The Bush Theatre invited me to give a talk tonight in their RADAR Festival of new writing. It was a brilliant hour whose uniting themes were diversity, justice, art and humanity. Amardeep Sohi asked whether theatre was doing enough to create, and not just to preserve, a cultural legacy. Gemma Cairney was funny and inspiring about the need to be open to others, to connect and collaborate. Jon Spooner made a passionate case for theatre to open science’s stories and possibilities for exploration in society. And Ty made a moving, funny and devastating critique of the glass ceiling through which black artists can only look at the white power structures—made me think of the response to Bill Ming’s exhibition, among other things. Rich company indeed.
The RADAR talks are inspired by the popular TED Talks, which means that they are only 10 minutes long. It’s nice to be asked, but 10 minutes is a tough discipline; it can take me that long to clear my throat. So, in the hope of not wasting the audience’s time, I decided to read a text rather than speak off the cuff. It’s a different kind of performance, but I’m a writer, not an actor. Here’s the what I wrote:
Download Lying for Truth PDF
Lying for truth
This stage is a dangerous space. Less for me, than for you. I might fall flat on my face, metaphorically, even literally, and leave humiliated. It wouldn’t be the first time, nor the last. Such experiences are part of being human.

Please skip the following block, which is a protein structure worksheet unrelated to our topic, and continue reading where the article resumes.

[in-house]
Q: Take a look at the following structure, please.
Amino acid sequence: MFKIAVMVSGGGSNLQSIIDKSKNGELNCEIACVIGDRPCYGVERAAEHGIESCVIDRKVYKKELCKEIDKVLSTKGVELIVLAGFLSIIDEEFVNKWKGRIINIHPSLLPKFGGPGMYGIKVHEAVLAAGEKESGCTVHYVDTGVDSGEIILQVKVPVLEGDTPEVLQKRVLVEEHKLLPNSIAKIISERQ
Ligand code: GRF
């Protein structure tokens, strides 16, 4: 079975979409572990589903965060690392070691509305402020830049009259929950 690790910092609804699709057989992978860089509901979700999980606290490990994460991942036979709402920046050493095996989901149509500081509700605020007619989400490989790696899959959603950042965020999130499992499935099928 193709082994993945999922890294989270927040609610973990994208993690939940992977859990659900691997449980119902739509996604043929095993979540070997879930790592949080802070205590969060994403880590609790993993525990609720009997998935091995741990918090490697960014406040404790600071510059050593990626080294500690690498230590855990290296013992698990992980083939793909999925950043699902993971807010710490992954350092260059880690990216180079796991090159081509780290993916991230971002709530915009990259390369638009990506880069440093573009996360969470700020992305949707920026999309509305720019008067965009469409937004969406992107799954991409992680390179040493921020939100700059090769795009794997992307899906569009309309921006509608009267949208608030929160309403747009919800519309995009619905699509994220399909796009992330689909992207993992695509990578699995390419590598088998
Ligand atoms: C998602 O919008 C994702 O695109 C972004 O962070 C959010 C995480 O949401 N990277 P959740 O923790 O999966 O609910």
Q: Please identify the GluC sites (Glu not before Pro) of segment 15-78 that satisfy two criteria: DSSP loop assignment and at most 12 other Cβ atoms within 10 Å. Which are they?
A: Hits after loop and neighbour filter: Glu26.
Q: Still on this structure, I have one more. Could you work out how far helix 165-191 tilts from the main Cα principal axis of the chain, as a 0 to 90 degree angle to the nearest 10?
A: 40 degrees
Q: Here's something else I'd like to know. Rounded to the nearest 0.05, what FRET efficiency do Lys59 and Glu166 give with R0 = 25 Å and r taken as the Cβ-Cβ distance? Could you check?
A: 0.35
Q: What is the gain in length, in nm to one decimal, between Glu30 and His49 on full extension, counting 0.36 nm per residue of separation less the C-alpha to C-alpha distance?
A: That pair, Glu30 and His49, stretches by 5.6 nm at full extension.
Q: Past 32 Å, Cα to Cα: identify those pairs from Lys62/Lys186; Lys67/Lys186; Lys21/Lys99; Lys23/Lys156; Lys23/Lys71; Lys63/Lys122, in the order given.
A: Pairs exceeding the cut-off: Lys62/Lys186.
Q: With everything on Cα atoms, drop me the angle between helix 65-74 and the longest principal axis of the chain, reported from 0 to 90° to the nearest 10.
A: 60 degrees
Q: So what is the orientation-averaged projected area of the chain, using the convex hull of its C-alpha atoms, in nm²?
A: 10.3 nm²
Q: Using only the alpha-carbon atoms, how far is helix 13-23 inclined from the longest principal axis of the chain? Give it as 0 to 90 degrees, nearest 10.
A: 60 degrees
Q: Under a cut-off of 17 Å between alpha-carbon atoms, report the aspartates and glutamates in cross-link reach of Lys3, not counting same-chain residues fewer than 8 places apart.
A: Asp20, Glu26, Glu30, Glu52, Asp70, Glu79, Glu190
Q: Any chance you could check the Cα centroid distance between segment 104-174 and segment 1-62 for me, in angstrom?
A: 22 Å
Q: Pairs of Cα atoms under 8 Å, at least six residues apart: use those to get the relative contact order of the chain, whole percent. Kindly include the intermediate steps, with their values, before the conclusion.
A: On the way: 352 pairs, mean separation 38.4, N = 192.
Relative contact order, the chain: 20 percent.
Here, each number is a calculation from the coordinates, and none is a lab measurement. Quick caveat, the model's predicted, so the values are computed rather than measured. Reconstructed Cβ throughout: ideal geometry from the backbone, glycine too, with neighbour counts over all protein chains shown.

No, the people most at risk here are you, because you have opened yourselves to the possibility of being deceived. That too, is part of what it is to be human. We can only protect ourselves from such risks as humiliation or deceit by policing our relationships to the point of ruin.
In coming here, in accepting the ritual conventions of sitting around this stage, you knowingly expose yourselves to the artifice of whoever occupies the space. For now, it’s me, and the risk is low because I’m not a skilled performer. Or is that a lie, a little self-deprecation to lull you into a false sense of security while my words and images draw you down a path you might not be willing to take were you more aware of it?
All over London, there are spaces like this, where the normal rules of human interaction are reversed. If we met in the café and I lied to you, you’d feel affronted, justifiably angry, if you found out about it later. Deliberate deceit is an assault not just on another person but on the bonds make families, communities and societies of individuals.
In some circumstances, it is a crime. If you are found out, you can go to prison for lying, like some politicians, policemen and journalists. If you are found out.
But here, on this stage, people lie all the time. They dress up and make up. They pretend to be people they are not, to have had experiences unknown to them, to have emotions they do not have. By imitating appearance, they make people believe in substance. They do it to manipulate others, to make them feel, think or know things that, of course, they do not. They lie to tell a truth.
And they fail if they don’t manipulate us well enough, if an audience leaves indifferent or bored, saying to one another ‘Well, I never really believed in him, did you?’.
The difference is that we know what happens on stage is not real, though it might be true. So we suspend disbelief; we permit ourselves to be manipulated. We play this game.
Theatre, like all art. is licensed deception and, because it is dangerous to open ourselves to deceit, we want it controlled. So we have this ritual space in which we accept—no, ask—to be manipulated, secure because we can see the boundaries, metaphorically and literally. It’s a safe space for an important game.
Why do we do this? Why invest so much time, money, effort, energy, imagination and creativity in making and sharing art?
Because it gives us pleasure, certainly: it diverts and entertains in an existence that is by no means all sunshine and roses.